MONCHIQUE (Portugal): Wildfires which have blazed along a smoldering stretch of Portugal’s Algarve for a week died down today, but fears remained that winds could reignite the flames.
“It’s calmer and we do not have active flames any more, and that gives us some peace of mind,” said Rui Andre, the mayor of Monchique near where the fire broke out last Friday. However, he warned against “giving up” in case the fire is once again stoked up by the flames.
Hundreds of firefighters have been battling to control the blaze that has menaced the popular tourist region in southern Portugal for a week as sweltering temperatures and strong winds encouraged the ferocious fires.
Dozens of people were injured and a blackened trail of seared forest, charred homes and incinerated cars was left in the wake of the wildfires.
Aircraft scooped water from the sea to drop on to the creeping blaze earlier Thursday, as firefighters continued to douse the flames, which have consumed some 23,000 hectares (52,000 acres) of forest in the region — one of Europe’s top tourism destinations.
National civil protection agency spokeswoman Patricia Gaspar earlier warned of the “risk of reactivation” from the wind “along a perimeter that now exceeds 100 kilometres”.
The fires have left 36 people injured, one seriously, with 19 of those hurt firefighters, according to Gaspar.
On Thursday more than a thousand firefighters and soldiers were tackling the blazes in the affected zone, which is planted with pines and highly-flammable eucalyptus trees and scored by difficult to reach valleys and ravines.
Fire crews and police conducted an urgent evacuation overnight of homes around the historic town of Silves.
A slight respite Thursday afternoon enabled local people to leave the schools, gymnasiums and reception centres where they had taken refuge and venture back to their homes.
Dark clouds of smoke and soot from the wildfires had billowed above popular holiday beaches in the region earlier Thursday, but gusts of wind cleared the skies later in the day.
Landslides hit western Indonesia!
JAKARTA: Rescuers have discovered eight bodies and have been searching for missing persons after landslides hit North Sumatra province of western Indonesia, head of provincial disaster management agency Riadil Lubis said today.
Heavy downpours triggered soils in a hill slid down and hit four houses in Holado village of Toba Samosir district, Lubis told Xinhua via telephone from the province. “The soil buried and brought the houses downward into a ravine,” he said. A total of eight corpses, who had been buried by the soils, have been pulled by the rescuers, and search for two missing villagers is being undertaken now, involving soldiers, police, search and rescue personnel, and disaster management agency as well as volunteers.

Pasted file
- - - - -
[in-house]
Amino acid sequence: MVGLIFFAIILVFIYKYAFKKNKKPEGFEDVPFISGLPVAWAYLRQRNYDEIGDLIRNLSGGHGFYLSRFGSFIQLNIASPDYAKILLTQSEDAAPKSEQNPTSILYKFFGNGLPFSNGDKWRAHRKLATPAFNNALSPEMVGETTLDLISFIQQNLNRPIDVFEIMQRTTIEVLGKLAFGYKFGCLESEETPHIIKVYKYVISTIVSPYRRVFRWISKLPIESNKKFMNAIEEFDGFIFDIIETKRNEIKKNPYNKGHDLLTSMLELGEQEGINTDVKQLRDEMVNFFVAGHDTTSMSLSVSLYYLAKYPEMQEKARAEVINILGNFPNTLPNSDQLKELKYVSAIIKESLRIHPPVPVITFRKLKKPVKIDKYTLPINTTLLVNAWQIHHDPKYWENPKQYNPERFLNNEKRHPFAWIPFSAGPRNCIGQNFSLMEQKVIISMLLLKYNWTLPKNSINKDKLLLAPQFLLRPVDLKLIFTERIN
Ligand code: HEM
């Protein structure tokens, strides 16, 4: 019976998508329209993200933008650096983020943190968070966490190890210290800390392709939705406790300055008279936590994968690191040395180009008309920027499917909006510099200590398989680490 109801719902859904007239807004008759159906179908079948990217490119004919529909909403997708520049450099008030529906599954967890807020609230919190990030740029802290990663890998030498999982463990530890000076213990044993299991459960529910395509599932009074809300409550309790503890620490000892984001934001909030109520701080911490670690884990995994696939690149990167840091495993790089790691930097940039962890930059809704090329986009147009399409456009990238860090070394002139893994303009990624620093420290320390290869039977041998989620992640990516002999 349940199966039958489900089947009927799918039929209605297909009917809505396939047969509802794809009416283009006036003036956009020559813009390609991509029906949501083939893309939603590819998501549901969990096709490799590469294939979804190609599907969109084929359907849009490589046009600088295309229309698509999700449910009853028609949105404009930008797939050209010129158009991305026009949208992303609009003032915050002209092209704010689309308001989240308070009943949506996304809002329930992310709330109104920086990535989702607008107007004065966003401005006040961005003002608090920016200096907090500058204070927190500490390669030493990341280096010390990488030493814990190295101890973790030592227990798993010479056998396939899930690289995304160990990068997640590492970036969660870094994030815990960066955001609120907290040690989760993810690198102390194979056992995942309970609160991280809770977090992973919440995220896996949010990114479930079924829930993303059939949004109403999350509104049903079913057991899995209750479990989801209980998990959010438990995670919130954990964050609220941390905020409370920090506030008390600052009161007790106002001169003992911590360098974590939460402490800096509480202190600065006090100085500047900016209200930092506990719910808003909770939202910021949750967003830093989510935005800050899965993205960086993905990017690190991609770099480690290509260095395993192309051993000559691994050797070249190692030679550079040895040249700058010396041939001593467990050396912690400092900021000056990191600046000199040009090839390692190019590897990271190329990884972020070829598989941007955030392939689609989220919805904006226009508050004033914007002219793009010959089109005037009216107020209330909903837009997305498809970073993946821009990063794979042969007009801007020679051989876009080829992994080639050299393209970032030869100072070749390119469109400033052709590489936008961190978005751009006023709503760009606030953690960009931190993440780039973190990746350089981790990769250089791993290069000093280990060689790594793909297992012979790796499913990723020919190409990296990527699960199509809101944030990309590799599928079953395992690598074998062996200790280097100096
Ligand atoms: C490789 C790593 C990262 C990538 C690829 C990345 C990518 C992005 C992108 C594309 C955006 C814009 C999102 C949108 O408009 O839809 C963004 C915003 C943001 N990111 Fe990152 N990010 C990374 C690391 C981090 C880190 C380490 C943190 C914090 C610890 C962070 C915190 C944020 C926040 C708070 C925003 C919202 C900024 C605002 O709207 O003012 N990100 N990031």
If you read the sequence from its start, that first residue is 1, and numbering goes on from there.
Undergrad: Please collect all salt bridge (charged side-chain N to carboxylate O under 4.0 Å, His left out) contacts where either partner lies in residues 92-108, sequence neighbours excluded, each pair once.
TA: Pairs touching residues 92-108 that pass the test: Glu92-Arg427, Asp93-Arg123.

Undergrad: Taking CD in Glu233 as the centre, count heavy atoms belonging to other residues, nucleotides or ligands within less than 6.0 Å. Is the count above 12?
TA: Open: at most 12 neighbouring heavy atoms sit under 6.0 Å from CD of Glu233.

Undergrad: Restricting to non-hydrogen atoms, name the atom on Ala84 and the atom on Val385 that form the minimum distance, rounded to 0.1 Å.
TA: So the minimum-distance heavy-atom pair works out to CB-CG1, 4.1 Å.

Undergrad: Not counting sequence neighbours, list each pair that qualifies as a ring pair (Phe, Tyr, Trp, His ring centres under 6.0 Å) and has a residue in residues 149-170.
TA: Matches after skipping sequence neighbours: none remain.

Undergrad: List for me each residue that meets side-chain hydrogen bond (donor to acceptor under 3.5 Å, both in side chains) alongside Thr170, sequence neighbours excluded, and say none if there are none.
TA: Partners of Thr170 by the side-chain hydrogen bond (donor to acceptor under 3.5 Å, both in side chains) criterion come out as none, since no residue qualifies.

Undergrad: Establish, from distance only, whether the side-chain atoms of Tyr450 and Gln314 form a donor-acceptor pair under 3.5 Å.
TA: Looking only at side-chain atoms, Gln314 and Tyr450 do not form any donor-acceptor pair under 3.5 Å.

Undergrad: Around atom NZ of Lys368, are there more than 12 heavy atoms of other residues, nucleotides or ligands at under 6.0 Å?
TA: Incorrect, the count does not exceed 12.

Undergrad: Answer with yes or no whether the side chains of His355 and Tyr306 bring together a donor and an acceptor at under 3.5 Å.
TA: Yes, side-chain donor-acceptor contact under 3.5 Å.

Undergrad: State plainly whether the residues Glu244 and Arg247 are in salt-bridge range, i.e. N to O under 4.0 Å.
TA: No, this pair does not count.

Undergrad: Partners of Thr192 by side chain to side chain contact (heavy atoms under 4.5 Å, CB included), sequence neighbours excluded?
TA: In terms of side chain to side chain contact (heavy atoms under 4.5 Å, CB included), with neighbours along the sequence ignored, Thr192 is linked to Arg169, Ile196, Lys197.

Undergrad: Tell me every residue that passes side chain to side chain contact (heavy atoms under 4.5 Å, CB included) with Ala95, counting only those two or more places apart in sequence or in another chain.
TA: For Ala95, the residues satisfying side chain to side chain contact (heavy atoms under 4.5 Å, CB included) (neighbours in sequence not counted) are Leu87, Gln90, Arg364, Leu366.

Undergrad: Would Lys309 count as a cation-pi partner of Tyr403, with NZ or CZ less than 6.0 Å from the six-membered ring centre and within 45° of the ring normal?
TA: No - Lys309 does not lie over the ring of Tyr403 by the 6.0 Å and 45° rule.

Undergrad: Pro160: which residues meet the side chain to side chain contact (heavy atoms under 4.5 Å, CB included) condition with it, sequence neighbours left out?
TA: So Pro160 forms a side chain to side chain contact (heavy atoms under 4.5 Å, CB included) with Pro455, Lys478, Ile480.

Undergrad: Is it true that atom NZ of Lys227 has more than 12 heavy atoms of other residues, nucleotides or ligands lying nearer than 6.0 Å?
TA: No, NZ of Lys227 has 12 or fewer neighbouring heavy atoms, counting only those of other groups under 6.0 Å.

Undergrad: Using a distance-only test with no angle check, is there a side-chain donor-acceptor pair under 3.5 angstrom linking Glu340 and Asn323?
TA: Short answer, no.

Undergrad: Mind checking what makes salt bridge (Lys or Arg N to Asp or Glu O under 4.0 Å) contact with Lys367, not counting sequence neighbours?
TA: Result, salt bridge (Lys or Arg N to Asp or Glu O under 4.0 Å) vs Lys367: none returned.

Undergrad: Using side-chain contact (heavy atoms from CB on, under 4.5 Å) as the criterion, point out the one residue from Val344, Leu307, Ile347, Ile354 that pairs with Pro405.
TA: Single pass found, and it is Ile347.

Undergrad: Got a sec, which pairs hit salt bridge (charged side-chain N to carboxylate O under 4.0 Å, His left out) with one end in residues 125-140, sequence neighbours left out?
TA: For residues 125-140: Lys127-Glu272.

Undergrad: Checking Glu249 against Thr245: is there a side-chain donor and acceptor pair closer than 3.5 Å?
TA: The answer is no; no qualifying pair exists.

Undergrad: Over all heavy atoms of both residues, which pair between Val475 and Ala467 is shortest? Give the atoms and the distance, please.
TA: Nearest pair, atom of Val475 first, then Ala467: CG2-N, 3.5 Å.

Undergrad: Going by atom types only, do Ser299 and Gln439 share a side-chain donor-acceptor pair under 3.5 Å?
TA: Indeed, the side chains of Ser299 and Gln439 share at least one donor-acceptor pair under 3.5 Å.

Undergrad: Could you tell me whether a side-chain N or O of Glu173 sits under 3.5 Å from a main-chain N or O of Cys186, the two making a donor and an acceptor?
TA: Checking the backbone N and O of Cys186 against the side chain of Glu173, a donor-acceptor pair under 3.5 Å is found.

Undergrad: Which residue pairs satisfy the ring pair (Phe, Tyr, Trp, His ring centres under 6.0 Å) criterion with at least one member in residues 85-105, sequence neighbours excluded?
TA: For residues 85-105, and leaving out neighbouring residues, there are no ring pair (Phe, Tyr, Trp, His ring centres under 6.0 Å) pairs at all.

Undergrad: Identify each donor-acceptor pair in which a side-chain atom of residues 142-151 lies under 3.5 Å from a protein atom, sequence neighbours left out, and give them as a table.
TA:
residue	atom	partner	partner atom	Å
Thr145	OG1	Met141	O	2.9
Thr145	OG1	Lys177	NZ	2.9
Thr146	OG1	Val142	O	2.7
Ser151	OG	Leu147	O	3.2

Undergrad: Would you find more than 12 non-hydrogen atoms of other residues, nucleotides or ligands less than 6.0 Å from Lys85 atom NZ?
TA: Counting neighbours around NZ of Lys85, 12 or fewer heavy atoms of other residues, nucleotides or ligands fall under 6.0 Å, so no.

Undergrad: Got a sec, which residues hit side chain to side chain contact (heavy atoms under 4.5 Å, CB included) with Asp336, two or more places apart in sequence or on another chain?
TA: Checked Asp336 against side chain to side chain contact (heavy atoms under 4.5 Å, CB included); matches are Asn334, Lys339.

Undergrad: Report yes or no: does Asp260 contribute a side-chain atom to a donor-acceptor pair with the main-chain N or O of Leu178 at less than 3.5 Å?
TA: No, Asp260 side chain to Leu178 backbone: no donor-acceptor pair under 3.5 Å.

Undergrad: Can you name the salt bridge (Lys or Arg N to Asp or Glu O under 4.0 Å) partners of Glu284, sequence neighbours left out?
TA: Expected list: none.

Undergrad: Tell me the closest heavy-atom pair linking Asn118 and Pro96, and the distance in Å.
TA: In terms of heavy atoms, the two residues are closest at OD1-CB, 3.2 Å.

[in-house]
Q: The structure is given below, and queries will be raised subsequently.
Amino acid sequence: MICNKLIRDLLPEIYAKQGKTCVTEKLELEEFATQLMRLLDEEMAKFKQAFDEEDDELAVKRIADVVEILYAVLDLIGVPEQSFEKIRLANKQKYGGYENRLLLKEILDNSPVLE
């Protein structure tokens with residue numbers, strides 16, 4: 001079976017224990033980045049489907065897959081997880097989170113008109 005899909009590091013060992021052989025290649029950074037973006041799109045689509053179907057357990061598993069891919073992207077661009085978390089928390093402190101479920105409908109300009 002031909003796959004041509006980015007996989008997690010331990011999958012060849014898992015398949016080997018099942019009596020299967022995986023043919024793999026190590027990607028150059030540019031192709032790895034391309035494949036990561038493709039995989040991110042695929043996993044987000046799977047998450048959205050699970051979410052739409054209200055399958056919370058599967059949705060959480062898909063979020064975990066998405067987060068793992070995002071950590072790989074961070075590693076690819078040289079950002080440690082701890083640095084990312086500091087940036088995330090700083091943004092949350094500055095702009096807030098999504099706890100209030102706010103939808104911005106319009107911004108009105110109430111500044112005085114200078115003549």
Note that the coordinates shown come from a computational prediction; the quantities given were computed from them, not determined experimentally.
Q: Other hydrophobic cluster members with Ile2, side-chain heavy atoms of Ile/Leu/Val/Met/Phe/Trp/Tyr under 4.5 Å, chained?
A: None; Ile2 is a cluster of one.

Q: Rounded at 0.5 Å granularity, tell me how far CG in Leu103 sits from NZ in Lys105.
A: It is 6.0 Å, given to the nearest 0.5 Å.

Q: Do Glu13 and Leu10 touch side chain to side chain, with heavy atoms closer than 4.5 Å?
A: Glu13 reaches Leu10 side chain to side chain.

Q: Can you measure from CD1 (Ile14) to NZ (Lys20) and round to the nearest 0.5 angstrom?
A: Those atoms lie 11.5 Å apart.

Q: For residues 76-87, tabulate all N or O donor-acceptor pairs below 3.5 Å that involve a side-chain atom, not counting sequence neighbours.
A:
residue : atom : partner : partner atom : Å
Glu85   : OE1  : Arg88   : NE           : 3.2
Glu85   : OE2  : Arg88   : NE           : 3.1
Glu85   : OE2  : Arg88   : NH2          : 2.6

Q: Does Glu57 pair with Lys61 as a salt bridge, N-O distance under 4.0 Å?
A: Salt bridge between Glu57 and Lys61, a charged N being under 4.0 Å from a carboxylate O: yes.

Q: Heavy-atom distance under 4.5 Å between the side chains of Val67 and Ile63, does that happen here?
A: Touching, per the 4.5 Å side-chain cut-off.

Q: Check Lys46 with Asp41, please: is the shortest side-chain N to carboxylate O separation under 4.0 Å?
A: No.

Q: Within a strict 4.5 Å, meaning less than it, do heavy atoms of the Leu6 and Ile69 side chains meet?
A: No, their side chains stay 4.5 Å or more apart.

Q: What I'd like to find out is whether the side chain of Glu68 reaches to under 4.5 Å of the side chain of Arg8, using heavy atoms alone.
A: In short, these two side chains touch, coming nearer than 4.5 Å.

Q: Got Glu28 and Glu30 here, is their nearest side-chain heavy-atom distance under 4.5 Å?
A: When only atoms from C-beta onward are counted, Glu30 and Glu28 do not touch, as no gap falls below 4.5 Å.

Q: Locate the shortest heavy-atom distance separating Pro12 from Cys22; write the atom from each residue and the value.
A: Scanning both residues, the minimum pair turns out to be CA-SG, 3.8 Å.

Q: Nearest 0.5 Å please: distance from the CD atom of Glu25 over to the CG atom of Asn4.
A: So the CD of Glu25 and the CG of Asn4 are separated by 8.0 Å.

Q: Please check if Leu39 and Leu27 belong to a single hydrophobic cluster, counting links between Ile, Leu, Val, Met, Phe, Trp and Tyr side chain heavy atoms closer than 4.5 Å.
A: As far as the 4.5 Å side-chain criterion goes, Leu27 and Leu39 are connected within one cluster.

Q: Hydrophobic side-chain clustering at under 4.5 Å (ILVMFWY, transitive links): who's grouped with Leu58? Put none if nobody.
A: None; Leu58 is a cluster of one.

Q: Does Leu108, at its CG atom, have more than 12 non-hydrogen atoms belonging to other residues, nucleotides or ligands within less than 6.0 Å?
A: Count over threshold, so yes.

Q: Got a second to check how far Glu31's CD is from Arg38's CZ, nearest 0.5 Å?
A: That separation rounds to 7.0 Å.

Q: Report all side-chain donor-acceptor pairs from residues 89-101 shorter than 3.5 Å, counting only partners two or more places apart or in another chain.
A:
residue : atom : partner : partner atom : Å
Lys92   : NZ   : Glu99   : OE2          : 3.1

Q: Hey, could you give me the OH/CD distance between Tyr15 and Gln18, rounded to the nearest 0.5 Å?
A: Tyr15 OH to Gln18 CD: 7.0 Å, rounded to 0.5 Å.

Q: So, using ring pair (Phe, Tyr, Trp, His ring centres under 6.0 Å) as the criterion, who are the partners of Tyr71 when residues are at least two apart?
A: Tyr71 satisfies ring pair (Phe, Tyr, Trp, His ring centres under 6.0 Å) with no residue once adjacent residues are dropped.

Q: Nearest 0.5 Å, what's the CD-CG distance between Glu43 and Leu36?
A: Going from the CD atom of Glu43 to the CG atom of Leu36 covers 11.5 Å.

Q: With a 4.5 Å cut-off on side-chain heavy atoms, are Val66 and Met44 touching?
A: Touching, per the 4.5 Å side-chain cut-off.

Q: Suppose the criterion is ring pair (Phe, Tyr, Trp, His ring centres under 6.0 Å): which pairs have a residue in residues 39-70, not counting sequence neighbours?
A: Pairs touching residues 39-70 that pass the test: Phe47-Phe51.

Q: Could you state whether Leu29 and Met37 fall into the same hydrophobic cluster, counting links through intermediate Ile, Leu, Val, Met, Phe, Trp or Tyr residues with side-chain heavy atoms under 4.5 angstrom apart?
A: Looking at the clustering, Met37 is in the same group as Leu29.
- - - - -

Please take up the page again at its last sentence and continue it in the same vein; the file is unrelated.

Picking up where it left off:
“The focus of the search operation is to find the missing persons in the area of the ravine. Some small heavy equipment, which can reach and operate at the site, will be deployed into the spot,” said Lubis. A total of five people survived the natural disaster and sustained injuries, he said. Indonesia is frequently stricken by landslides and floods during heavy rains.
Mention of ‘fossil fuels’ cut from videos at UN climate talks
KATOWICE: Videos produced by environmental groups to be shown to thousands of participants in a major UN climate summit were banned by organizers for mentioning fossil fuels, in a move campaigners say amounts to censorship.
AFP has obtained emails sent by the United Nations to NGOs asking them to remove frames referring to “dirty energy” and “pipelines”, claiming that they breached the UN climate convention’s rules of participation.
The COP24 climate talks, which wrapped up Friday in Poland, brought together more than 20,000 officials, ministers, activists and business representatives from across the world.
Among those accredited to observe the process were a host of pressure groups whose goals vary enormously.
Green campaigners complain that so-called “business-interest NGOs” — known as BINGOs – representing big energy firms are allowed to participate with very little oversight.